By Debbie James

Among my gift haul at Christmas was the book ‘Defending Beef’. A clue to the subject matter is in the title.

It is not comfort reading so I put it to one side while I lost myself in a novel or two during lockdown but I dusted it off this month after the row erupted when Blue Peter advised children that they would become ‘climate heroes’ if they gave up beef.

What makes this book compelling is that it is penned by a vegetarian who is also a cattle rancher. She is an environmental lawyer too and makes a convincing case for sustainable meat production.

Farmers were rightly angered at the Blue Peter broadside on livestock farming. We live in an age when incorrect information, if repeated often enough, becomes so common it is eventually accepted as fact.

Many of us don’t take the time to dig deeper and facts, however skewed they may be, become an accepted opinion.

The author’s overall premise, that cattle are good for the environment and that beef and animal fat are healthy foods, runs counter to what we have come to assume in this age of avocados and quinoa.

Put simplistically, it is our addiction to sugar and not our consumption of red meat and animal fat that are to blame for the sharp rise in chronic diseases, she says.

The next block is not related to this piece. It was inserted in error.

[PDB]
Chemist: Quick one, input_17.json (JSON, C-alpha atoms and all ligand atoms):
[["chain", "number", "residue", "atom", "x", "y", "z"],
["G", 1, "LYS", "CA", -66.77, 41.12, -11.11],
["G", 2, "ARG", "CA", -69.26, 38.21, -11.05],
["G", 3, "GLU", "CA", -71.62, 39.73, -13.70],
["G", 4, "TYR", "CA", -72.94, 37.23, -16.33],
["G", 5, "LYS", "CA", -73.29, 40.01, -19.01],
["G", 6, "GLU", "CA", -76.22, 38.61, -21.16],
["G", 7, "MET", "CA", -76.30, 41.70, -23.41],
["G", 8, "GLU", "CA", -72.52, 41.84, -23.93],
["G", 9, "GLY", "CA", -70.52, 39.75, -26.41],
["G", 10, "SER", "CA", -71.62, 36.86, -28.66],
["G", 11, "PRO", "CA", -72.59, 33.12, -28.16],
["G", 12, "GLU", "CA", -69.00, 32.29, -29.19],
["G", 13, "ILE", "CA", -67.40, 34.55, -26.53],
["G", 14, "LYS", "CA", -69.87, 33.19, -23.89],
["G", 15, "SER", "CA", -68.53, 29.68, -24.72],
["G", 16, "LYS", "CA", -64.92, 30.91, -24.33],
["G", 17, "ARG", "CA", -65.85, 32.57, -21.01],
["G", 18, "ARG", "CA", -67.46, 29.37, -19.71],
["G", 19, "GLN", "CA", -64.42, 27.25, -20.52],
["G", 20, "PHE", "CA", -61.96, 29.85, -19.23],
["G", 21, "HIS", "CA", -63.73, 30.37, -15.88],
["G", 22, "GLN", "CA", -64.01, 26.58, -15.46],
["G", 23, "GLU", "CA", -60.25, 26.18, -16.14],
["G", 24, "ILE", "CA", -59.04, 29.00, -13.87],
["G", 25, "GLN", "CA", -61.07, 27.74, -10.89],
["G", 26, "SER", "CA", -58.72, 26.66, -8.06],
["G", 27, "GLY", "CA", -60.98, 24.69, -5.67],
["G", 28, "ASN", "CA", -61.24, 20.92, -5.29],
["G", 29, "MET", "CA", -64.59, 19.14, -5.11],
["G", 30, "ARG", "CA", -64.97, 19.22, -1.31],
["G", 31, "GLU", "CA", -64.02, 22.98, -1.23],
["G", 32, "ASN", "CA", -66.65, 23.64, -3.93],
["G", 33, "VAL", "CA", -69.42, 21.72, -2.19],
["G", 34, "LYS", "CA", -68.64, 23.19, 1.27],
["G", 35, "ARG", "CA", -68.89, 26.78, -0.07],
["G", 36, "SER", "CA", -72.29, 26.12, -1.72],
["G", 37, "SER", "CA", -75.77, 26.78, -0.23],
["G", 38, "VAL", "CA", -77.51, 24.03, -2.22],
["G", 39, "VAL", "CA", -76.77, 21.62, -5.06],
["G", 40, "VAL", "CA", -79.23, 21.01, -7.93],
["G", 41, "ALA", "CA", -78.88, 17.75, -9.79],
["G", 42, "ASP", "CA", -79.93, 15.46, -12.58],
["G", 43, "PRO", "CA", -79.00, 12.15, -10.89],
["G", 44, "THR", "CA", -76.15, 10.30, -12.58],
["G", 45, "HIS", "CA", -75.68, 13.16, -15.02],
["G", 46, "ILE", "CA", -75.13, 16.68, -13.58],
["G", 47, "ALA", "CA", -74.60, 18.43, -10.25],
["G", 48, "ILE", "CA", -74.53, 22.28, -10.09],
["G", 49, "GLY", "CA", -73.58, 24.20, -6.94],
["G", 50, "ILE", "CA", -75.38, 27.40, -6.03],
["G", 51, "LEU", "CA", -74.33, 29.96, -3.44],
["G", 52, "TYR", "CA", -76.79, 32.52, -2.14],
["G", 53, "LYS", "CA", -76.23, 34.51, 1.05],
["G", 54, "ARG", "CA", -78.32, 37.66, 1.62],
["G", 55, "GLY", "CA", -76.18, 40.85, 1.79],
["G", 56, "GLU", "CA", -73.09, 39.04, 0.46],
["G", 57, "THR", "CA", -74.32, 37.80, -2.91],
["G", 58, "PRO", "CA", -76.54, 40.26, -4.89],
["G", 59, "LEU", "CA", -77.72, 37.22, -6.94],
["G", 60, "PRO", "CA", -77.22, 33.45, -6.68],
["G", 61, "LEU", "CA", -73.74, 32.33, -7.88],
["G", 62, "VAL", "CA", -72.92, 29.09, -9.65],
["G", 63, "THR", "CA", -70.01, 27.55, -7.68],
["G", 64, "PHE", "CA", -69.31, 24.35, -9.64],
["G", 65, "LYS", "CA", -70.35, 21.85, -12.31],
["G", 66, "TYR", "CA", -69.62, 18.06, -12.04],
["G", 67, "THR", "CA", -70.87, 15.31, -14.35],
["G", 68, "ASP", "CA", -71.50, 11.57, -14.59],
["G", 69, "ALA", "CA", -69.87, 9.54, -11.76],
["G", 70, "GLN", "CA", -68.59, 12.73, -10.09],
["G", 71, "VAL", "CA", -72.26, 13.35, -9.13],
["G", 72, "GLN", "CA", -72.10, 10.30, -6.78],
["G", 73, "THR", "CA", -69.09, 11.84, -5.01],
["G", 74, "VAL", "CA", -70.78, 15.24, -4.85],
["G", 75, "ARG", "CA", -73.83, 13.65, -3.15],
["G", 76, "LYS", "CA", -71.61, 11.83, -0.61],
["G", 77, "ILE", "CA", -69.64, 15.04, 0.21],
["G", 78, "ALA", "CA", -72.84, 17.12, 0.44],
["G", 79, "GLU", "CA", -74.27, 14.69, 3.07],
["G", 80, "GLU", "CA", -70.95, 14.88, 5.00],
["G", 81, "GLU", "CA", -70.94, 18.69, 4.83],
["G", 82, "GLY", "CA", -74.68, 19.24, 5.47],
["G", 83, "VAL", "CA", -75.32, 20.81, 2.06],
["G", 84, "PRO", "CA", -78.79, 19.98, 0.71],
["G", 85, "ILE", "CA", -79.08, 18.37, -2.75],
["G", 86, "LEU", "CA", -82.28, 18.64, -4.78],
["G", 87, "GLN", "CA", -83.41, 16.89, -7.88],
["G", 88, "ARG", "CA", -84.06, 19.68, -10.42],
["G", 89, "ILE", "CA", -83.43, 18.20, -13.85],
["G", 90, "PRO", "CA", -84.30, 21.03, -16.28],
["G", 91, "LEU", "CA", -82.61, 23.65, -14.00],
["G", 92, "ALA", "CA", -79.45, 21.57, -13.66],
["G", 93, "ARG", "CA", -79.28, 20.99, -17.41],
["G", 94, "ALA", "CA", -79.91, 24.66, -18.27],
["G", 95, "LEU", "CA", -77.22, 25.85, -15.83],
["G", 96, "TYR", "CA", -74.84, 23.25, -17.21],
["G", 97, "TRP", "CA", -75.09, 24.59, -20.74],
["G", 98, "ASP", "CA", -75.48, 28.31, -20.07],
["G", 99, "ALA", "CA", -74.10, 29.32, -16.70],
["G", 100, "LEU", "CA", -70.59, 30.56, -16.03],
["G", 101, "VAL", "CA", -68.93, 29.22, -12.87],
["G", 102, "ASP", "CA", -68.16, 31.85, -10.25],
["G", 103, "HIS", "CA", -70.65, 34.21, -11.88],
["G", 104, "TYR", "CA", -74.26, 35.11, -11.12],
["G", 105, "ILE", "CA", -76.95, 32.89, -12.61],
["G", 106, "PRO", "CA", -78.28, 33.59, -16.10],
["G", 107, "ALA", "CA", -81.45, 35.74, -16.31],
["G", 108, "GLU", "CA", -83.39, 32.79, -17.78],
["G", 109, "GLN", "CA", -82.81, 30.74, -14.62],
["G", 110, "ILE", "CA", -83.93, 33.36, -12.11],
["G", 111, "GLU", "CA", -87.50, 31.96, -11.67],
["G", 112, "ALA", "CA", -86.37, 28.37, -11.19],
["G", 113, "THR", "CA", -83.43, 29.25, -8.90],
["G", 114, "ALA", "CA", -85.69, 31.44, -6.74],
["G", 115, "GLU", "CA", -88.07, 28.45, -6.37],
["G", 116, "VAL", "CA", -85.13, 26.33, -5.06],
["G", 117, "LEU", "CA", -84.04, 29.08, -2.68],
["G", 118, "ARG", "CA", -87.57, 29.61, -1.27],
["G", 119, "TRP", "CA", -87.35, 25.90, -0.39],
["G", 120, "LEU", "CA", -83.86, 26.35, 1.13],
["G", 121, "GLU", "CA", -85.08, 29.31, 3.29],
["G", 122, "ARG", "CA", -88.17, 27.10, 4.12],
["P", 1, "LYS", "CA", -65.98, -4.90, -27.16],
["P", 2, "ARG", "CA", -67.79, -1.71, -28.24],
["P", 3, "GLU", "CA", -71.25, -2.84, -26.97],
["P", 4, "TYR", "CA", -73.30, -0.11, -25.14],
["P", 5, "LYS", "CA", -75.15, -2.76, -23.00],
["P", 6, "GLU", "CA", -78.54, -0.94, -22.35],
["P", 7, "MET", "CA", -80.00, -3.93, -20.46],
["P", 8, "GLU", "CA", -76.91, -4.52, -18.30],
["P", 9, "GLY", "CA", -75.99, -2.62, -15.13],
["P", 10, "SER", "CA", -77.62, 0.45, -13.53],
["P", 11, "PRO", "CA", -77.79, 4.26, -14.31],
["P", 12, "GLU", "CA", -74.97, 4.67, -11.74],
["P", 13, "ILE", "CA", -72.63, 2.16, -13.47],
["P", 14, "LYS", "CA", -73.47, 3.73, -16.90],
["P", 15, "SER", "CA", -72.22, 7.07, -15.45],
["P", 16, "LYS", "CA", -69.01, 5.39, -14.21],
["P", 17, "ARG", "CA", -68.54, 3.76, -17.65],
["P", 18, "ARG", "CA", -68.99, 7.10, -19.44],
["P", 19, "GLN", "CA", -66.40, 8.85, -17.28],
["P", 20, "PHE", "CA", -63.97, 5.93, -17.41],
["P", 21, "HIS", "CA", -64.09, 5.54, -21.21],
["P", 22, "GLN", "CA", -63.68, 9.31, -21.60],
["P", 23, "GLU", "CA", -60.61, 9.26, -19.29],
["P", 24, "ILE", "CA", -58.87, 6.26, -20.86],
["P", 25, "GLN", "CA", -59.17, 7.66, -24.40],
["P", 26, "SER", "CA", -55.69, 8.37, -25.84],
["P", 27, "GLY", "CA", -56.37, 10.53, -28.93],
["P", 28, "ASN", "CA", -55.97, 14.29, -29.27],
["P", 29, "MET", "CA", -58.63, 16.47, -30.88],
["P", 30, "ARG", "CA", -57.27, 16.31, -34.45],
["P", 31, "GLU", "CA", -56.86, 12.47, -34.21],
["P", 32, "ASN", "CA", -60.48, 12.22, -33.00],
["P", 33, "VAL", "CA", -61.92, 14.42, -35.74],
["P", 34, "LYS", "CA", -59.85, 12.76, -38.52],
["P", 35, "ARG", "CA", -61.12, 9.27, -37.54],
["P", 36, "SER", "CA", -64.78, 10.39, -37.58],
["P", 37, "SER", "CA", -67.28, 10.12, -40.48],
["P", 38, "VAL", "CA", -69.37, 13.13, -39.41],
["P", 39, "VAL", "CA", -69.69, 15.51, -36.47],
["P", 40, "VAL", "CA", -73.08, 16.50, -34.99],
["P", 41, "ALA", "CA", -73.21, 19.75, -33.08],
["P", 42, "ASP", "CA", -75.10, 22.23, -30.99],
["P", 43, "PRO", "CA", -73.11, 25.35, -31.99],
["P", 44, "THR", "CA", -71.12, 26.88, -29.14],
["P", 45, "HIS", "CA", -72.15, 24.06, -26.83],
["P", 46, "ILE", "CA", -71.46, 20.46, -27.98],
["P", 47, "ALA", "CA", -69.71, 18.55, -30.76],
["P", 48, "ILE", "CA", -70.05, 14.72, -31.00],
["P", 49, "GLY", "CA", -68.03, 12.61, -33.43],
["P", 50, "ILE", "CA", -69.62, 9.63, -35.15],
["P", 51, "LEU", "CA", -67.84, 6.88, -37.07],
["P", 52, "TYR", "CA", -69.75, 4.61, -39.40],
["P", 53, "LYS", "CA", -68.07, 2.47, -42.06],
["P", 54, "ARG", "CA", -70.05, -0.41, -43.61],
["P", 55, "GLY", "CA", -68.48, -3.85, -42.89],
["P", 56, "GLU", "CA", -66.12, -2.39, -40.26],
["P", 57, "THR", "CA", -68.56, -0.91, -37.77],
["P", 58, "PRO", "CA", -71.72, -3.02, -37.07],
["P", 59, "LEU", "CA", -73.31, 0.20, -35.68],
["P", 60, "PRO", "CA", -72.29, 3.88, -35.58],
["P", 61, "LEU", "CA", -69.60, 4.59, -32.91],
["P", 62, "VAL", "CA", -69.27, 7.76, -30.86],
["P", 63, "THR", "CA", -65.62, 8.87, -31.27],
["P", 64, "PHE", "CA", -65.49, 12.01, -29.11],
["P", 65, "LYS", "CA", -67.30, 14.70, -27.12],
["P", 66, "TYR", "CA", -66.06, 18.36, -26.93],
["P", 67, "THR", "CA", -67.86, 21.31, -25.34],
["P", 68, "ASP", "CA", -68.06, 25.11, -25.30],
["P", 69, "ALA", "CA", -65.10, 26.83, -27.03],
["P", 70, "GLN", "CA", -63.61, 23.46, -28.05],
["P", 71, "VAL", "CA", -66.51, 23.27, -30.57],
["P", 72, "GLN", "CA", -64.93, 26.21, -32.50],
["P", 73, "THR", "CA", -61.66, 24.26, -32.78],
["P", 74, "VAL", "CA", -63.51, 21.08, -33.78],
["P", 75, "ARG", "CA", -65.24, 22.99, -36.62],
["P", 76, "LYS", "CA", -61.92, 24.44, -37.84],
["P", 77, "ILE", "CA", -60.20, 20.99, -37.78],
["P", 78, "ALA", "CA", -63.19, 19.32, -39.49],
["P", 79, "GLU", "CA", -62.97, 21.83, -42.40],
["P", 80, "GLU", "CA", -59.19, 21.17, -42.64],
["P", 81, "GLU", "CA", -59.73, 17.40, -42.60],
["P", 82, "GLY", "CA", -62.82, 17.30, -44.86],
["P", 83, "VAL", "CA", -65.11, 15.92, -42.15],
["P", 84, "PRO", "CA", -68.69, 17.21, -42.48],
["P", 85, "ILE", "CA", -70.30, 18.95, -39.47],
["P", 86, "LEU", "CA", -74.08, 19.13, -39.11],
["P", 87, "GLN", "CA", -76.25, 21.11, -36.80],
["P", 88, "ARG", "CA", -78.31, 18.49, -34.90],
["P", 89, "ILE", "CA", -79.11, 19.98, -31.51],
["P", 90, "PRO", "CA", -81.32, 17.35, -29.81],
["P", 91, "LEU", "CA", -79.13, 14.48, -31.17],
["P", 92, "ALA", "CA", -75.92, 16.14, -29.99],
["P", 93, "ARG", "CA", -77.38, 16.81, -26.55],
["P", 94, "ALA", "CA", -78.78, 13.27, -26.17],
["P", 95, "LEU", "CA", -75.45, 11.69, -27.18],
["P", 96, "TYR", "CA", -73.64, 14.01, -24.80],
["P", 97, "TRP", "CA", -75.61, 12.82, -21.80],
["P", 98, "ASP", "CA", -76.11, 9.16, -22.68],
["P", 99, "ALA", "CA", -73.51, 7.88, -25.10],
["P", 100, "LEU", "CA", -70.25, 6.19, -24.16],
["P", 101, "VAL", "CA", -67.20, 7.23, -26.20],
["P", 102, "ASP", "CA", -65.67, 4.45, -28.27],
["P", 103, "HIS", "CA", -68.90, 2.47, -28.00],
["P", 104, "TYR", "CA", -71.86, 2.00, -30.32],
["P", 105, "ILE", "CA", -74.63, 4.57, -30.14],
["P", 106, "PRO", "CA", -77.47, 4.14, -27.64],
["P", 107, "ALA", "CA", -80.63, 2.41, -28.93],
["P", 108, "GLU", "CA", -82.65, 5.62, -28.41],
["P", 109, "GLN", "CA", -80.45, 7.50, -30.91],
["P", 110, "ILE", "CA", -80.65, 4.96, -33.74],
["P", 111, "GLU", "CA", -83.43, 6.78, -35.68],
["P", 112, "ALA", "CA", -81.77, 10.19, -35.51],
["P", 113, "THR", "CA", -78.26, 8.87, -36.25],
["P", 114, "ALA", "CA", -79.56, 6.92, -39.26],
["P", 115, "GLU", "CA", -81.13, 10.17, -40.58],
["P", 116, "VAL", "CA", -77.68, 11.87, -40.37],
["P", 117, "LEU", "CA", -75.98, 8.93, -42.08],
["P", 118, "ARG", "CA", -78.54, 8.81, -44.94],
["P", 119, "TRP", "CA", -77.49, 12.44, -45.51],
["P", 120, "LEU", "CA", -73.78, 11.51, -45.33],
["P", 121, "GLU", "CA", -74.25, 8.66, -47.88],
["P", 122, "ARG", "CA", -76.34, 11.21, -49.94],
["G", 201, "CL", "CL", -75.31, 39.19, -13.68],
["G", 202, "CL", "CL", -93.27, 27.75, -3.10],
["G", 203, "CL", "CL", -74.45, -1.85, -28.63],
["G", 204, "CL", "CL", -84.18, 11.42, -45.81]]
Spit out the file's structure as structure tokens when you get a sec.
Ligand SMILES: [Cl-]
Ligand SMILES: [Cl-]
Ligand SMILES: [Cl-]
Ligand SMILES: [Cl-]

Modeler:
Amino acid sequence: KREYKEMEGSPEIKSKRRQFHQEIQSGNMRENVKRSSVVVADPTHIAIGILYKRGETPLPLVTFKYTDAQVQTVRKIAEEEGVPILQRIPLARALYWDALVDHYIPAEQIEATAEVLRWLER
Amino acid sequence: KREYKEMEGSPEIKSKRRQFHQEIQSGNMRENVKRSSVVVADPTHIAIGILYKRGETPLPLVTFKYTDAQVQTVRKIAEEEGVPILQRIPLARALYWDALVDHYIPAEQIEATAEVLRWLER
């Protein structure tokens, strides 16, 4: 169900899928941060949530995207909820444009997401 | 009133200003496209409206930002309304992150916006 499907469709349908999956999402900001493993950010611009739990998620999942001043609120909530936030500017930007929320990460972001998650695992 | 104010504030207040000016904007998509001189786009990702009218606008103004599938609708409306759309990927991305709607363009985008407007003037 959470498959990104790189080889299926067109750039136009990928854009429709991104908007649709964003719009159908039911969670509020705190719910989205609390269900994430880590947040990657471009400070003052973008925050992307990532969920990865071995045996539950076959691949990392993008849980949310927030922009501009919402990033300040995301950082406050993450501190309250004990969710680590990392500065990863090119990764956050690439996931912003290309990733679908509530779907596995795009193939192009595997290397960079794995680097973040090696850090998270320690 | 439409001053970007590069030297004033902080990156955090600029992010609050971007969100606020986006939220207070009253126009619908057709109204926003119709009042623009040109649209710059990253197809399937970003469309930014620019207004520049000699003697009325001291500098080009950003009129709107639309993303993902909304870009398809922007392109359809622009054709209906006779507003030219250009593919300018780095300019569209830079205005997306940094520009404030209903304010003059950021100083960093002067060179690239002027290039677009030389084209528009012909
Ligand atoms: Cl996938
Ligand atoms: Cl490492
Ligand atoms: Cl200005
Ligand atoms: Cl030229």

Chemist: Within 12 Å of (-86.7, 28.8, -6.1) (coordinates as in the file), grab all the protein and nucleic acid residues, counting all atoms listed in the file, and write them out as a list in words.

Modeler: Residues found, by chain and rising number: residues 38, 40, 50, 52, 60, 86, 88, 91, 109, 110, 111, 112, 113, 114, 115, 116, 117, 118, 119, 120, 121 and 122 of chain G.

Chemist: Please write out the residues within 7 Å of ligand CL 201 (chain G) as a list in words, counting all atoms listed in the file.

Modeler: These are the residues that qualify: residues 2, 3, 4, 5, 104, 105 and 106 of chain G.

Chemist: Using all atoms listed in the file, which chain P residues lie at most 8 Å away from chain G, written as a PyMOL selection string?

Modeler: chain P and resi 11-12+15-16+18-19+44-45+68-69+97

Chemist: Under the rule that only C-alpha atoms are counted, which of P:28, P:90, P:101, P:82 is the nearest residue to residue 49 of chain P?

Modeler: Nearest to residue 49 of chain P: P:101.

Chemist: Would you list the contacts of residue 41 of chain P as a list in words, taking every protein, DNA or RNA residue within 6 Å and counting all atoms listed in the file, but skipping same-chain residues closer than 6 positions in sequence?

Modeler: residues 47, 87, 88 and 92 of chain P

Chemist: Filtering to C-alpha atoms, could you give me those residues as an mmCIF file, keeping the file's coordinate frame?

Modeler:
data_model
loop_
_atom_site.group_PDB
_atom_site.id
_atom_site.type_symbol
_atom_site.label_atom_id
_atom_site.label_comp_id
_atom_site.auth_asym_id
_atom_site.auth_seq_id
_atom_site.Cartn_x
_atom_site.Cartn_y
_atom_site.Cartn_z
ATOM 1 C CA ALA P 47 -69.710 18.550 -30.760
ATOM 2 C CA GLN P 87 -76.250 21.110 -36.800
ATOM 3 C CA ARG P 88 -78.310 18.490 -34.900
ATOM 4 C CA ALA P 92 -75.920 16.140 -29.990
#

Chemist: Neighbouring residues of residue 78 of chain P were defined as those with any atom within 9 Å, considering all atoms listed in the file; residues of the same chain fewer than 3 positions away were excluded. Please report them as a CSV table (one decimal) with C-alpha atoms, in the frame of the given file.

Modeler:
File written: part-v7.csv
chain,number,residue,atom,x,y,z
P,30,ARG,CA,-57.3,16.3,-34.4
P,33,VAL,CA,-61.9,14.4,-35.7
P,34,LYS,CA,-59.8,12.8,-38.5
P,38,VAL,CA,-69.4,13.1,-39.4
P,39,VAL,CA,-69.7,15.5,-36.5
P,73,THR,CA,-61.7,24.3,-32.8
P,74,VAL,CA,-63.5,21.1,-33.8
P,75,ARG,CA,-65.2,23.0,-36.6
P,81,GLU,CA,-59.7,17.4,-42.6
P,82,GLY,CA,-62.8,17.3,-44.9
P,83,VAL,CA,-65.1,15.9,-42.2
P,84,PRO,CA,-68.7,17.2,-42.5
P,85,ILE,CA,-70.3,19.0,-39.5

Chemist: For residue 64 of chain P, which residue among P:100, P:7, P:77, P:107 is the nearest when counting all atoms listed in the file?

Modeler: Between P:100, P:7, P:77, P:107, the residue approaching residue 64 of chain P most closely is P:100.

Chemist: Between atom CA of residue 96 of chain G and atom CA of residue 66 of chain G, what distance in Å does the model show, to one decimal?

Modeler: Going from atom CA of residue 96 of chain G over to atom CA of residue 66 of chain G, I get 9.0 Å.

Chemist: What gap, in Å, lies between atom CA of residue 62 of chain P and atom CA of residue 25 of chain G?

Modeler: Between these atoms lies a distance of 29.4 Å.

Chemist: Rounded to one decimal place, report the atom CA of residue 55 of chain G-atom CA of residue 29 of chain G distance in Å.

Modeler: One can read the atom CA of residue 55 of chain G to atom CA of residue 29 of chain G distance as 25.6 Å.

The BBC has a responsibility for impartiality but it oversteps the mark time and time again.

The farming industry’s response in the Blue Peter row was that simplistic methods using global data that is unrepresentative of the UK’s red meat industry was used to make the case that eating meat is worse than travelling by car.

It ticks the box of the virtuous among us so let’s make that an accepted fact shall we?

Except it is not – it is incorrect and misleading and based on widely-debunked data, the industry pointed out in its reprimand to the boss at the BBC.

Within a week, Blue Peter had dropped its anti-meat message but some of the mud it had slung will have stuck.

We all apply different principles to the choices we make in how we live but as this row has demonstrated, before preaching to others we should first sort popular myth from fact.